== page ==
April 22, 2021
Narrated by House Deputy Speaker Loren Legarda, Climate Reality Leader and United Nations Global Champion of Resilience, the documentary was created in partnership with Solar Hope, Light Of Hope PH, MNL Moves, Institute for Climate and Sustainable Cities, 350 Pilipinas, and First Gen Corporation.
“The word “flicker” refers to an unsteady movement of a flame or light that causes rapid variations in brightness. In the context of our #EarthDay2021 celebration, the flicker of hope refers to stories of innovative actions on the ground that need to be replicated and scaled up to help restore our planet,” Nazrin Castro, Philippines Branch Manager of Climate Reality, said.
For clean energy solutions, the documentary put the spotlight on social impact startup Light of Hope PH and non-profit organization Solar Hope, which are both working to uplift the lives of off-grid communities by providing them access to renewable energy.
Light of Hope started in 2017 with the Solar Night Lamp in a Bottle Project, which provides solar lamps made out of upcycled PET bottles, small solar panel, battery, and LED bulb. “We were able to serve 1,400 family beneficiaries, upcycled 2,800 PET plastic bottles, and help reduce and avoid 182,000 kilograms of carbon emissions per year,” Climate Reality Leader Jovie Gil Montajes, Founder of Light of Hope, shared in the documentary.
Amid the COVID-19 pandemic, Montajes shared that they developed the CloudGrid Project to better serve communities in need. The CloudGrid version 1 prototype, which is equipped with a smart meter inside that directly communicates to the CloudGrid sever, is capable of providing electricity to power LED bulbs and charge mobile devices through solar energy.
Montajes said that their goal for 2021 is to build and deploy 500 to 1,000 CloudGrid units, which will directly benefit 2,500 to 5,000 people and potentially offset 65,000-130,000 kilograms of carbon emissions per year.
Solar Hope, meanwhile, has been working since 2019 not only on deploying solar home systems to unelectrified communities but also on capacitating beneficiaries on sustainable livelihood development.
“Electrification reduces poverty,” Climate Reality Leader Mark Napao, Founder of Solar Hope, said explaining that the provision of solar home systems is just one of the many steps they are taking to support the sustainable transformation of their beneficiary communities.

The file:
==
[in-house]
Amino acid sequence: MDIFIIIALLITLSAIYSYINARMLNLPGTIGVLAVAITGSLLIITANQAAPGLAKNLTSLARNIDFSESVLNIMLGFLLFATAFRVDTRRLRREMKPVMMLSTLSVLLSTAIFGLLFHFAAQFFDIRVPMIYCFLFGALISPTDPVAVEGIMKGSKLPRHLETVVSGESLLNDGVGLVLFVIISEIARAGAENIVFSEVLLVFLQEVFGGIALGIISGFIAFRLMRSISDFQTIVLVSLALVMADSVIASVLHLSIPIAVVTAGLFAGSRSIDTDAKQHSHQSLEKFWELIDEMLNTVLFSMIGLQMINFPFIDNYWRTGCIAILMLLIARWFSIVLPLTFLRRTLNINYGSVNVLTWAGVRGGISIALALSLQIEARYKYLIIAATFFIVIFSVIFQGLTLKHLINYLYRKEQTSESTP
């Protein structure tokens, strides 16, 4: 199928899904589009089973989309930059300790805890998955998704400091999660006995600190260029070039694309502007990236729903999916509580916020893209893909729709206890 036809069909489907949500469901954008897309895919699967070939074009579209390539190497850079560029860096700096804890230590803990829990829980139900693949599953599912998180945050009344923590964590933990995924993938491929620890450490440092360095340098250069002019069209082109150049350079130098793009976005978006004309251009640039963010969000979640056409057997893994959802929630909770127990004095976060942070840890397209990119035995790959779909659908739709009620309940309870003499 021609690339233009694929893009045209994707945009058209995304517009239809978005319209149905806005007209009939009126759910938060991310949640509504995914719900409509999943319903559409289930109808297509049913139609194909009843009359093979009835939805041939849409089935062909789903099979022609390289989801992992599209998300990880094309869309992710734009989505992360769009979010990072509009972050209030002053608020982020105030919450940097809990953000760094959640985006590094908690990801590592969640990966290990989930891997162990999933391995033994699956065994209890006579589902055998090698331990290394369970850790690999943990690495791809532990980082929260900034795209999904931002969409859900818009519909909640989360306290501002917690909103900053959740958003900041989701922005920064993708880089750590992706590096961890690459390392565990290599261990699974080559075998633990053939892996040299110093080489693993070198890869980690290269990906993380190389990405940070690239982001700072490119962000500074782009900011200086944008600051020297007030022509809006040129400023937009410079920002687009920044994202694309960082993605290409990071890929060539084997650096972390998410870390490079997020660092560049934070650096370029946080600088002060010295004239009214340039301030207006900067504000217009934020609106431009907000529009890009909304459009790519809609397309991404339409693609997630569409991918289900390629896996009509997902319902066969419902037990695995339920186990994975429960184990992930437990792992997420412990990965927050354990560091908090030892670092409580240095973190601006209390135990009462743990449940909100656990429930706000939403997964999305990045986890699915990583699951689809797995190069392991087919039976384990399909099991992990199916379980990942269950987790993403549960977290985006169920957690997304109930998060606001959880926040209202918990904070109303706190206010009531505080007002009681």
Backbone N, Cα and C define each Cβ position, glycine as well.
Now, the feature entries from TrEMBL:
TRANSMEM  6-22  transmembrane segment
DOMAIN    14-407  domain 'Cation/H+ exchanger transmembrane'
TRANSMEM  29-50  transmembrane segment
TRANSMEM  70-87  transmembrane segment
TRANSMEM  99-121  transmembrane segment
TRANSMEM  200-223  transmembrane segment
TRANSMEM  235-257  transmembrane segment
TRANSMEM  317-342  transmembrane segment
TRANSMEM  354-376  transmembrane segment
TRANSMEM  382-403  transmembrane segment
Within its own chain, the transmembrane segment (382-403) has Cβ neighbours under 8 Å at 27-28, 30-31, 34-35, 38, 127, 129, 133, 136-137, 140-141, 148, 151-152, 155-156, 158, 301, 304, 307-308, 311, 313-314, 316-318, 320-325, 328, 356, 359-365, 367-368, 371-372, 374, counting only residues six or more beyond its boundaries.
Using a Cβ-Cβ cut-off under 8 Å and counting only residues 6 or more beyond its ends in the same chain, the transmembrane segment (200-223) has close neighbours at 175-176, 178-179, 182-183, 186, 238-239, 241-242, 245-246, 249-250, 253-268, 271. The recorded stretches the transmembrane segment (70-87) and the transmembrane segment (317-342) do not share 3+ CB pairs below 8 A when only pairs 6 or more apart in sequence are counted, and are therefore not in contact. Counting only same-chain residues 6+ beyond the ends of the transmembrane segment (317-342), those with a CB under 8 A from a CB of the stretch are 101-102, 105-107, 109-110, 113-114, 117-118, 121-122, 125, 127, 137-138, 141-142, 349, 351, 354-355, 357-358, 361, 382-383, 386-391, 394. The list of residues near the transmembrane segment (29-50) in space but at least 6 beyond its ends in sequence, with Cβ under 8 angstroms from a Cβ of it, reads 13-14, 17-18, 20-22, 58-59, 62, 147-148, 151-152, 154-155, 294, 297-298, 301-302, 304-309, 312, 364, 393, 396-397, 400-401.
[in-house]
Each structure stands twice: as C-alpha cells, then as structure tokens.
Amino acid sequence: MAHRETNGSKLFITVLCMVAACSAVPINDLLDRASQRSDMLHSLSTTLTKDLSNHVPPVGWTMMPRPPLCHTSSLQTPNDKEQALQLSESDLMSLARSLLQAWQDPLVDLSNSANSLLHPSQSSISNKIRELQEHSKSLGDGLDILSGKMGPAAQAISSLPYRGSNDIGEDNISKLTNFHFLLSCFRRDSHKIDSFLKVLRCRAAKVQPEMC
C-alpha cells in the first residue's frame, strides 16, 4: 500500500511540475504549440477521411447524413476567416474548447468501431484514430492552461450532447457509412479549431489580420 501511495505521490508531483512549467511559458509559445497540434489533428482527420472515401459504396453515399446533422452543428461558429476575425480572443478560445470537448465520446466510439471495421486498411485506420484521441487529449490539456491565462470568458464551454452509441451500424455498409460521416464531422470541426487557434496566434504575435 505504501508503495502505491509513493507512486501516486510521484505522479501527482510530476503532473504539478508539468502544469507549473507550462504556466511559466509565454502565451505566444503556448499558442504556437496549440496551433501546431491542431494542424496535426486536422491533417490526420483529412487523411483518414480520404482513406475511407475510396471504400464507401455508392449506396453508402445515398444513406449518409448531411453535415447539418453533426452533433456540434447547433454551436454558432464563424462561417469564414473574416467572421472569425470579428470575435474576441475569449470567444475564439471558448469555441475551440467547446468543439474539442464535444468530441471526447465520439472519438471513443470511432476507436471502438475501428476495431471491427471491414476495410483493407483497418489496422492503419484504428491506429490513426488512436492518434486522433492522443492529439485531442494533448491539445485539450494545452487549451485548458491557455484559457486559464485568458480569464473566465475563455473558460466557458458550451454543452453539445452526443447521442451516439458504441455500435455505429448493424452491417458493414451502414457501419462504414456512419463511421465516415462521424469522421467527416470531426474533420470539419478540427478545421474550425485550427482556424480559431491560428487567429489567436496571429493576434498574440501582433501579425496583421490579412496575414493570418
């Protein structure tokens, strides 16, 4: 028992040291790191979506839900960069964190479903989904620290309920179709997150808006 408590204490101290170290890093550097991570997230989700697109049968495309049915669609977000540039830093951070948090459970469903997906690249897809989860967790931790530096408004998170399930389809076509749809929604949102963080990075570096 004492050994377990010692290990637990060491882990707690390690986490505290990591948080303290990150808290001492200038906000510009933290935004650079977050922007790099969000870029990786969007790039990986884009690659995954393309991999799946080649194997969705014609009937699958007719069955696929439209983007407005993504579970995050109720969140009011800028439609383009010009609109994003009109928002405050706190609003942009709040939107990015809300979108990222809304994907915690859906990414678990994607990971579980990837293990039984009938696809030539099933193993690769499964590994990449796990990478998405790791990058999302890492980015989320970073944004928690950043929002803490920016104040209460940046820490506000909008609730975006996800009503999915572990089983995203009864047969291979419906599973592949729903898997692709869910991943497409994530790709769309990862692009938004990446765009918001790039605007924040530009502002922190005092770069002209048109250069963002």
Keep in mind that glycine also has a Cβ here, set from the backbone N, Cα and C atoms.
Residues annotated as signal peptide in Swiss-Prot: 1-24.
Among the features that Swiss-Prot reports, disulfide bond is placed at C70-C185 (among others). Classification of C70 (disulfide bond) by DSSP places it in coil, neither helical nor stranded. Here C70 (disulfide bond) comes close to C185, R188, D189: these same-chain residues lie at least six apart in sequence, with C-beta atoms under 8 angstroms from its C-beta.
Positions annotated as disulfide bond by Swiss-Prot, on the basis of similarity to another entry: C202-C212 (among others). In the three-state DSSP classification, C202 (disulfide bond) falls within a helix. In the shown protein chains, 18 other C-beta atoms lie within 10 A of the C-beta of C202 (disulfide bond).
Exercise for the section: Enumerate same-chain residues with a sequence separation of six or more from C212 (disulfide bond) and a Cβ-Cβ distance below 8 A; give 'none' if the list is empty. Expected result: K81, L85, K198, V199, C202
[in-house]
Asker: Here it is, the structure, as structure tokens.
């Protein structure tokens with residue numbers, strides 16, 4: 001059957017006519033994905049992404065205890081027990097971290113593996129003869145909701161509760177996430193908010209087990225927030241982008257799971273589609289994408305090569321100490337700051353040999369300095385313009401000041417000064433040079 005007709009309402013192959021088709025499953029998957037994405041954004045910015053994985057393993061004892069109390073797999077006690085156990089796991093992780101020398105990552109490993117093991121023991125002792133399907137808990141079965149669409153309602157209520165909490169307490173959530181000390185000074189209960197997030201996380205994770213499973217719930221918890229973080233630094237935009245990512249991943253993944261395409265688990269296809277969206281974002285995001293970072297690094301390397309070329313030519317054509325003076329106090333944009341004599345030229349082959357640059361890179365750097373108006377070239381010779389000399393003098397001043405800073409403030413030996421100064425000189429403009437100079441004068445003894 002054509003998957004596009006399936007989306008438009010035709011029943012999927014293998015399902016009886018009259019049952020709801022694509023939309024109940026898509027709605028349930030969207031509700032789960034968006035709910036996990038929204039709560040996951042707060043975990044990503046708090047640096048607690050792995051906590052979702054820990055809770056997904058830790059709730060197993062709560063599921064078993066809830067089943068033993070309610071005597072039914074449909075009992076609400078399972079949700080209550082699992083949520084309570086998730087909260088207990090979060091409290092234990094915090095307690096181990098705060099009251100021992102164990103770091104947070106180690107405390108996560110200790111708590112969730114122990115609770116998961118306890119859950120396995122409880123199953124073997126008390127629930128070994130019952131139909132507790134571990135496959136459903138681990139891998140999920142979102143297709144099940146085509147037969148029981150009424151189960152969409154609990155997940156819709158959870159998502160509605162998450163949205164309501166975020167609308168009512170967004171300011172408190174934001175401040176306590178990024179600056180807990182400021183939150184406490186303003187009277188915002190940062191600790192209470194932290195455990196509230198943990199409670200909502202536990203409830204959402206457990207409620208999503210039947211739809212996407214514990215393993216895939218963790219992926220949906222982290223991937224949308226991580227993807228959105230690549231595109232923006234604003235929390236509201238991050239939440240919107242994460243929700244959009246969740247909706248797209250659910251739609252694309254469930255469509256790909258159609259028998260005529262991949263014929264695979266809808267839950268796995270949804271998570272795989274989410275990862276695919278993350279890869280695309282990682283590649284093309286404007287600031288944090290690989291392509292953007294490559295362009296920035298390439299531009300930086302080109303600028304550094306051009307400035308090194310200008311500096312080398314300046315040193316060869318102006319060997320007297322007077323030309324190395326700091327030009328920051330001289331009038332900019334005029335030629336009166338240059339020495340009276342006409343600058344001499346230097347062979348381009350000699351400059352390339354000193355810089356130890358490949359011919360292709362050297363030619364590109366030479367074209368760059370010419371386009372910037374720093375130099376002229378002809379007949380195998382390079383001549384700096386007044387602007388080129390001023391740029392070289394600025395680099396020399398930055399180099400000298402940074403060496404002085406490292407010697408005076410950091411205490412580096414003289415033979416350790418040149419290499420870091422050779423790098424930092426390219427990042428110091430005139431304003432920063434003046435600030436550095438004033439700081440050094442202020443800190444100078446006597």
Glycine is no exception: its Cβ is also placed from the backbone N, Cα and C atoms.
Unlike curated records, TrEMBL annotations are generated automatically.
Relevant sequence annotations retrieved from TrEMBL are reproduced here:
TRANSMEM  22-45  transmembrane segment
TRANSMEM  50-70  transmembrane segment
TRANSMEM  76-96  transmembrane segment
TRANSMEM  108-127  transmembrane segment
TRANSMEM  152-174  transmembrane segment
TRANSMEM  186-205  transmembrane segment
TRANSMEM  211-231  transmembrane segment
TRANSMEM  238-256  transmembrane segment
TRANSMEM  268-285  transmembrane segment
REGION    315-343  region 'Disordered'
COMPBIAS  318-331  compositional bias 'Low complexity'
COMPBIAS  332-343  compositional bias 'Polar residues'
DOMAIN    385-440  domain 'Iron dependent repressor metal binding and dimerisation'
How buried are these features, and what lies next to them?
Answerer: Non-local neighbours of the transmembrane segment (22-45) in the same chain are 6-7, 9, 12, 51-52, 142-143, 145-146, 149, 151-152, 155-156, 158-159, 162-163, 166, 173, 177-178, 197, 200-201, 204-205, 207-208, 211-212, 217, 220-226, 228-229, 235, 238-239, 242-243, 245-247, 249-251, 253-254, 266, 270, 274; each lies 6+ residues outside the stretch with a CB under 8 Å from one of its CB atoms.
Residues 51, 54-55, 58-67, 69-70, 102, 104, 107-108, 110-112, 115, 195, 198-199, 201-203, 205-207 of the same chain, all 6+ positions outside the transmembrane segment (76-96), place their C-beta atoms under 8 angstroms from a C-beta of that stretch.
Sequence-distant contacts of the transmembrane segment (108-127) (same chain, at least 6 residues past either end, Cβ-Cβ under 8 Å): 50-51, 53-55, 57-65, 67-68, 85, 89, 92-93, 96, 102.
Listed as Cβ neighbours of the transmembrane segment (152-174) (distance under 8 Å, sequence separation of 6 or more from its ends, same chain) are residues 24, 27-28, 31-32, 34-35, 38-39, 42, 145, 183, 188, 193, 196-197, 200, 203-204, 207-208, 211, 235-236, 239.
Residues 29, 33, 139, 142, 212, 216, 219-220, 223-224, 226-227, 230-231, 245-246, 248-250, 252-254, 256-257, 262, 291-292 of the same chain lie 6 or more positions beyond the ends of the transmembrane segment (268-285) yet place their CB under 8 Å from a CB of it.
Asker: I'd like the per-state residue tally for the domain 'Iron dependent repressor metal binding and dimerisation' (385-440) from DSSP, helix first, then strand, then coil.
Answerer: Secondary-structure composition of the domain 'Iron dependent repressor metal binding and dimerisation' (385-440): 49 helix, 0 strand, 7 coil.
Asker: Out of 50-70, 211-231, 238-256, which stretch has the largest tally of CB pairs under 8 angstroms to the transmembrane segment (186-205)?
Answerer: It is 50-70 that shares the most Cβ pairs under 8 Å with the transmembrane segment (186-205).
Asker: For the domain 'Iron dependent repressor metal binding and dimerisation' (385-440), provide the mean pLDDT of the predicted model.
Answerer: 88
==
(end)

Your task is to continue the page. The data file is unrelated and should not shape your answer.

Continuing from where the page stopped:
To date, Solar Hope has electrified 264 homes. The organization continues to solicit support to fund solar home systems and their outreach activities.
For sustainable urban mobility, the documentary featured the workplaces (Pasig Transport, Government Service Insurance System Pasay City, and The Medical City Ortigas), commercial establishments (SM Mall of Asia, SM Marikina, and Bonifacio High Street), and local government units (Pasig, San Juan, and Marikina) that won the first-ever Mobility Awards—a platform that seeks to prioritize the needs of 88% of Filipino households in Metro Manila who do not have cars and provide them with reliable, sustainable, and inclusive mobility programs.
The winners of the first round of Mobility Awards have implemented urban mobility solutions that ensure safety for active mobility, including installation of dedicated bike lanes and new LED lights on sidewalks, passing of bike safety ordinances, and provision of bike parks, among others.
“If we want to make our cities bike-friendly, what every city needs to realize is you have to first really accept that active mobility is something possible,” Robert Anthony Siy, Head of Pasig Transport, said in the documentary. “The most important thing for cities is to believe that a better world for cyclists and pedestrians is possible,” he added.
For waste management, the documentary featured the eco-bricking initiative of Barangay Agusan Canyon, Manolo Fortich, Bukidnon, which was awarded as the winner of First Gen Corporation’s Create for the Climate Campaign.
According to Agusan Canyon Sangguniang Kabataan Chair Yendi Cachapero, they embarked on an information, education, and communication campaign about eco-bricking and waste management. She shared that they also organized an eco-bricking competition for the youth.
Cachapero also underscored the importance of community leadership and involvement in waste management solutions. “We learn that if we’re going to take lead, they will follow,” she said.
The documentary said that these stories of urgent, viable, and scalable grassroots climate solutions on energy, urban mobility, and waste tell us that the reasons for hope have never been greater. “We can survive the environmental and climate crises— if we listen to science, if we learn from one another, and if we seize this moment to turn the overwhelming support for climate action into policy wins and systemic changes,” it concluded.
To learn more about these stories of innovation and hope, watch the full mini-documentary here.